The ‘P’s start from the left and are in two seperate parts, both of which indicate ‘A strong desire to be the centre of attention’

The extremely circular ‘O’ says that the writer has ‘Imagination’

The straight sidestroke in the ‘G’ says ‘Agile mind’

The abundance of angles in the ’S’s imply that the writer has‘Aggression, determination’

The extremely small, almost non-existent upper loop in the ‘L’ suggests‘Jealousy, possessiveness’ 

The rising crossbar in the ‘A’ tells that the writer is ‘An entertainer’. The tightly closed top suggests ‘unsociable’ 

The ‘D’ probably says the most about Sherlock though. It is written in two strokes, which implies ‘Individualism’, The starting and endstrokes are extended, which says that the writer has ‘Good powers of concentration’. The endstroke is slightly more extended however which means that the writer has ‘A sense of one’s own importance’.

The both strokes in the ‘T’ are balanced, which suggests ‘Pride’.

The ‘U’s simplistic and horseshoe like quality screams ‘Tendency to limit and restrict others’.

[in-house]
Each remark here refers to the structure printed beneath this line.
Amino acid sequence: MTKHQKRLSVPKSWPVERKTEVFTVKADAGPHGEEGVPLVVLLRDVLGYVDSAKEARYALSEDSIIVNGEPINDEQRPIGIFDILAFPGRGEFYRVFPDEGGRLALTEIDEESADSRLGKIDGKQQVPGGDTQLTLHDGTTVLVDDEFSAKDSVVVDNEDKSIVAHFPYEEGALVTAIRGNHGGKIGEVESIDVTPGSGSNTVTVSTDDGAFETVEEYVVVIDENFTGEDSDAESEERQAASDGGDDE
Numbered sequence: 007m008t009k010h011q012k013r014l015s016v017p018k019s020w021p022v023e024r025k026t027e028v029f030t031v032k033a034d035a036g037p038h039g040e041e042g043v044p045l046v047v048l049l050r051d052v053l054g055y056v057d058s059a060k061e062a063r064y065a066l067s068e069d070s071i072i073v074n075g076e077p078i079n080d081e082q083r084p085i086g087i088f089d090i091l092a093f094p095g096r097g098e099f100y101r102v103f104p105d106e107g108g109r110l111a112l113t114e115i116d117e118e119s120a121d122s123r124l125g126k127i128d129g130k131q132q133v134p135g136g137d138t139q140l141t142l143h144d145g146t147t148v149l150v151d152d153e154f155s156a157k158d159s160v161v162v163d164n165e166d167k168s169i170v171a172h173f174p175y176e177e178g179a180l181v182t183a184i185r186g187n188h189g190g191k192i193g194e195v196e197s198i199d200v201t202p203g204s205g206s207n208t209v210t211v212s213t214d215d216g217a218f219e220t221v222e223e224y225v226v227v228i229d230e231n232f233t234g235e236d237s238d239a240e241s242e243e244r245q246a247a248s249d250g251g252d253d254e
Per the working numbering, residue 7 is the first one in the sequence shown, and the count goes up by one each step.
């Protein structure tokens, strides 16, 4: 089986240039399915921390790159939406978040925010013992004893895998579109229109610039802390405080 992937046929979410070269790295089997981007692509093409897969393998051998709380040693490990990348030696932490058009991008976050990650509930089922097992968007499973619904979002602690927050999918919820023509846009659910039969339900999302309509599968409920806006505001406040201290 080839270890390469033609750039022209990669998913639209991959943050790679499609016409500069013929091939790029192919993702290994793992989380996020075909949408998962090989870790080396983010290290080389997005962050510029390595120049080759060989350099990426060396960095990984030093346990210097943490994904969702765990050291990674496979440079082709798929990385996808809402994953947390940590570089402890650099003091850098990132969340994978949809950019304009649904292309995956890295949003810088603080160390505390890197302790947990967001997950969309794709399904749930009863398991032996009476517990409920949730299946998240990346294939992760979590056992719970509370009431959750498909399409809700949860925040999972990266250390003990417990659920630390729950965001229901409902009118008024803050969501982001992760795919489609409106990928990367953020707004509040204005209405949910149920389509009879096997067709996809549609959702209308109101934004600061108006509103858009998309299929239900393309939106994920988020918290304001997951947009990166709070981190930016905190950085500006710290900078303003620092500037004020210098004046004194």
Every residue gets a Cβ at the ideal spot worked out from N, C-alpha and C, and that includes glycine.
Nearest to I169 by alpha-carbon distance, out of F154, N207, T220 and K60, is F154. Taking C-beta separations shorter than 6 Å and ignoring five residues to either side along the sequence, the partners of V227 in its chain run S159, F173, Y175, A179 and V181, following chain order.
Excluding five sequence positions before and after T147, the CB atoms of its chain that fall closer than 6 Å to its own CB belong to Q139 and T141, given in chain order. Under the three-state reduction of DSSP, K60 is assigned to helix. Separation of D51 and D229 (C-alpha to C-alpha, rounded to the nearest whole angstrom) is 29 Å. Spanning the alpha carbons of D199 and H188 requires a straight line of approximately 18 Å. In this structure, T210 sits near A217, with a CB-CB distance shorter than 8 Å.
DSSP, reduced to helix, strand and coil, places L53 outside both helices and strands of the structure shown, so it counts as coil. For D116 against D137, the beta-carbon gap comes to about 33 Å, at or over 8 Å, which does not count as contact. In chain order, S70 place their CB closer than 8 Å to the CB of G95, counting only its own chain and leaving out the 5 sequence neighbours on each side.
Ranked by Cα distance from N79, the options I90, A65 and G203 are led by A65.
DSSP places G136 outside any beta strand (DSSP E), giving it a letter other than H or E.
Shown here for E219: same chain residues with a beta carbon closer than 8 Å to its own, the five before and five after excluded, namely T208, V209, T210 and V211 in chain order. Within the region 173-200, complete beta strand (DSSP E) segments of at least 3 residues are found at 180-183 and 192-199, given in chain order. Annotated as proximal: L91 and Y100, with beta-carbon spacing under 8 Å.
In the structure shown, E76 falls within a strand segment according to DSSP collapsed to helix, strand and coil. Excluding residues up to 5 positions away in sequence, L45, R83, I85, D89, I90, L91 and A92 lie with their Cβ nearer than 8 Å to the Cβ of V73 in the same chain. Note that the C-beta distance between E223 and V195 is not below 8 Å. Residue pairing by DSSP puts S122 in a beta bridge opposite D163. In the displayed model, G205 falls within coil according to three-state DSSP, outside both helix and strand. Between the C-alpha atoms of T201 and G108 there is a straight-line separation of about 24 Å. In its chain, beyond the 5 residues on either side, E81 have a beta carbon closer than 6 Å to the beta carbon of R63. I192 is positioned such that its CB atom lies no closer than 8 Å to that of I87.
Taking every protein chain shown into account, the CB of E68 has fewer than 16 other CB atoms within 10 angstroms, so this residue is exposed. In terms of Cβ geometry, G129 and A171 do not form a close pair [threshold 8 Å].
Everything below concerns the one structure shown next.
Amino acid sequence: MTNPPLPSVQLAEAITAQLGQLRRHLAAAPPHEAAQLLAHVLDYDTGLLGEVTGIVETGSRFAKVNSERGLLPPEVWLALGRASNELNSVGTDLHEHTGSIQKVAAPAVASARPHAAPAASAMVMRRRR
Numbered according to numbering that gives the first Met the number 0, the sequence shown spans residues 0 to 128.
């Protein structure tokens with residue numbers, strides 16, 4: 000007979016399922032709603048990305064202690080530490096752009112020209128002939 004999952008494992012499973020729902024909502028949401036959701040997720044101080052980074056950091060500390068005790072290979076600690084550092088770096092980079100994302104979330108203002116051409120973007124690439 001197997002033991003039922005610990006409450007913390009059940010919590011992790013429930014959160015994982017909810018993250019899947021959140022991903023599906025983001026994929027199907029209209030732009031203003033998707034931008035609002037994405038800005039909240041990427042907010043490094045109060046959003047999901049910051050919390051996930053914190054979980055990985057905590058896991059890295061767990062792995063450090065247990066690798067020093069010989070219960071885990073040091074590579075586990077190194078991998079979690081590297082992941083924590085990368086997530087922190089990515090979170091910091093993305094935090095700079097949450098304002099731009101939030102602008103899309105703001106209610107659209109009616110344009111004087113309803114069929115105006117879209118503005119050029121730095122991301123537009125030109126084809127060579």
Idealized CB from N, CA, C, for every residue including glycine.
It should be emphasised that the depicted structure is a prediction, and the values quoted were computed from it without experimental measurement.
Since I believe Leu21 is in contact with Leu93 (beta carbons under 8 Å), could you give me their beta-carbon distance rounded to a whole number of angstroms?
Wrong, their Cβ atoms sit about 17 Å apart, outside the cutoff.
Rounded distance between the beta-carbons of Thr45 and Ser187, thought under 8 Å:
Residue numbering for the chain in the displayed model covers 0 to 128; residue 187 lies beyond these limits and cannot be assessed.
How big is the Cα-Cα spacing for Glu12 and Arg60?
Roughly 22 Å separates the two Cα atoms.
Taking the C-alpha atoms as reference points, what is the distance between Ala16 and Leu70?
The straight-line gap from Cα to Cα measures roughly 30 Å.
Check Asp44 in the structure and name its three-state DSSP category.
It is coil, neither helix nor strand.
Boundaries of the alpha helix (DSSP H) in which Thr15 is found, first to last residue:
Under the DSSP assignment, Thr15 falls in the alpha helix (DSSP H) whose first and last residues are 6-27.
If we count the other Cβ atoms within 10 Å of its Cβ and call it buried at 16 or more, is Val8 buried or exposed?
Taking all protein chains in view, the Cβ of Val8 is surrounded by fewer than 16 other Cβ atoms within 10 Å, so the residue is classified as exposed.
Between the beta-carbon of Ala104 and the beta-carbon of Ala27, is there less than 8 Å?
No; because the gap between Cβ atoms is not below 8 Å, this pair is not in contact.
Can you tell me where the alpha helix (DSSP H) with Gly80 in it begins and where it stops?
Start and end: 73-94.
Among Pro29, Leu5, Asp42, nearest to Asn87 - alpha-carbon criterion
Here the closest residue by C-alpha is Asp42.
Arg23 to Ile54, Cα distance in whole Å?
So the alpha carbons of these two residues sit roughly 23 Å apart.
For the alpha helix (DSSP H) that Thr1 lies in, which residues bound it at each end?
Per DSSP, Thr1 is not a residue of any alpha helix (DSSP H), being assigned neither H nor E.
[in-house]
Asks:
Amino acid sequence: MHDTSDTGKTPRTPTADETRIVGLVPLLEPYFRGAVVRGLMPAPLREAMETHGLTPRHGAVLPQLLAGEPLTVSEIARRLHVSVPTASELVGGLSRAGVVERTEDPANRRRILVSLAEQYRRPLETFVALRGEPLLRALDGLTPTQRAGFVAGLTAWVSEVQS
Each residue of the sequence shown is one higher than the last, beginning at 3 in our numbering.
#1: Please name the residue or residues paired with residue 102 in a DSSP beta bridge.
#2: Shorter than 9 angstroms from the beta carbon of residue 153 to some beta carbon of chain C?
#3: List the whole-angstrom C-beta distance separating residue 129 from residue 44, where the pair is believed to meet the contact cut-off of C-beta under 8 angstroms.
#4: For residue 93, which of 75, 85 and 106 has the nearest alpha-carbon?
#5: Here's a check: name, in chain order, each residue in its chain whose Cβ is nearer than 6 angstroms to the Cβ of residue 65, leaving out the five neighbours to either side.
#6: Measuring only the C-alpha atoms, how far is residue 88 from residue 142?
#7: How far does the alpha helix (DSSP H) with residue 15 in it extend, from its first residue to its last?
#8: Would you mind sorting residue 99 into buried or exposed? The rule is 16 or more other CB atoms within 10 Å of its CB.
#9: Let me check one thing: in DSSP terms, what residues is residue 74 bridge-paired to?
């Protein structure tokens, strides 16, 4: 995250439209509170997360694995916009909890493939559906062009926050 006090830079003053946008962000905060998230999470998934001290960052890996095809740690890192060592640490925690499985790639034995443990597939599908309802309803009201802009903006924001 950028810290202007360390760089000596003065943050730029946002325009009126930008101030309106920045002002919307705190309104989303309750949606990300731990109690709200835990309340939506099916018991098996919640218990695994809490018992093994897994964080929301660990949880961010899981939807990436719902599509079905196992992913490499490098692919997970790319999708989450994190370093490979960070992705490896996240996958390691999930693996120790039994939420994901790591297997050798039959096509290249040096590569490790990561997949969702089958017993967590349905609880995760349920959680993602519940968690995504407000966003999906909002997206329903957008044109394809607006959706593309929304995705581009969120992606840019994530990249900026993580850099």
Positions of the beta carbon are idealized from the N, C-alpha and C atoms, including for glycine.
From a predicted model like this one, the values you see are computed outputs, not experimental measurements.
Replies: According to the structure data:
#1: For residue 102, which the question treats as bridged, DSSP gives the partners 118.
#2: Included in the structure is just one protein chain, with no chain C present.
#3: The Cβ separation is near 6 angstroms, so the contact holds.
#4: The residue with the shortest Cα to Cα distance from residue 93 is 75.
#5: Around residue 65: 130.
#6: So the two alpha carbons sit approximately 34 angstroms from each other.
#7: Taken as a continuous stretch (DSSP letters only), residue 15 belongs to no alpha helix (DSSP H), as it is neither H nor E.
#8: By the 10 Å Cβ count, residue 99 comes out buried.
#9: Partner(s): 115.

And finally, the ‘B’. The slightly separated, almost 13 like nature of it says the writer has ‘A mind for facts and figures’. And the large opening at the baseline says ‘Desire for knowledge’.

So that’s:

    • ‘Efficiency and thoroughness’
  • ‘Impatience, penetrating mind’
  • ‘Cruelty, brutality’
  • ‘Protectiveness’
  • ‘A strong desire to be the centre of attention’
  • ‘Imagination’
  • ‘Agile mind’
  • ‘Aggression, determination’
  • ‘Jealousy, possessiveness’ 
  • ‘An entertainer’
  • ‘Unsociable’ 
  • ‘Individualism’
  • ‘Good powers of concentration’
  • ‘A sense of one’s own importance’.
  • ‘Pride’.
  • ‘Tendency to limit and restrict others’.
  • ‘A mind for facts and figures’.
  • ‘Desire for knowledge’.

I have FAR too much time on my hands. I thought that was quite interesting anyway, as Sherlock’s handwriting did, quite accurately, reflect his personality.

‘The Slot Machine’, a story I wrote at age 9.

As Tom stared around the smoky night club, he saw a man swearing at the barman, a DJ that looked like he was about 65 and his best friend Steve dancing to ‘Hips Don’t Lie’ by Shakira. He ran his fingers through the chestnut hair that never left his eyes. One thing stuck out, a 1950s slot machine, it looked out of place in the bleak room. Tom, who was smiling curiously walked over to it and put in a pound coin. He won. Soon afterwards he heard the ker-chunk of metal on metal and put his hand into the small metal drawer. He pulled out a one pound note, a sixpenny and two half pennies, and was surprised to find the old money as he pocketed it without a thought. He turned to Steve and said “Mate, I think I’d better get home.”, before heading to the train station.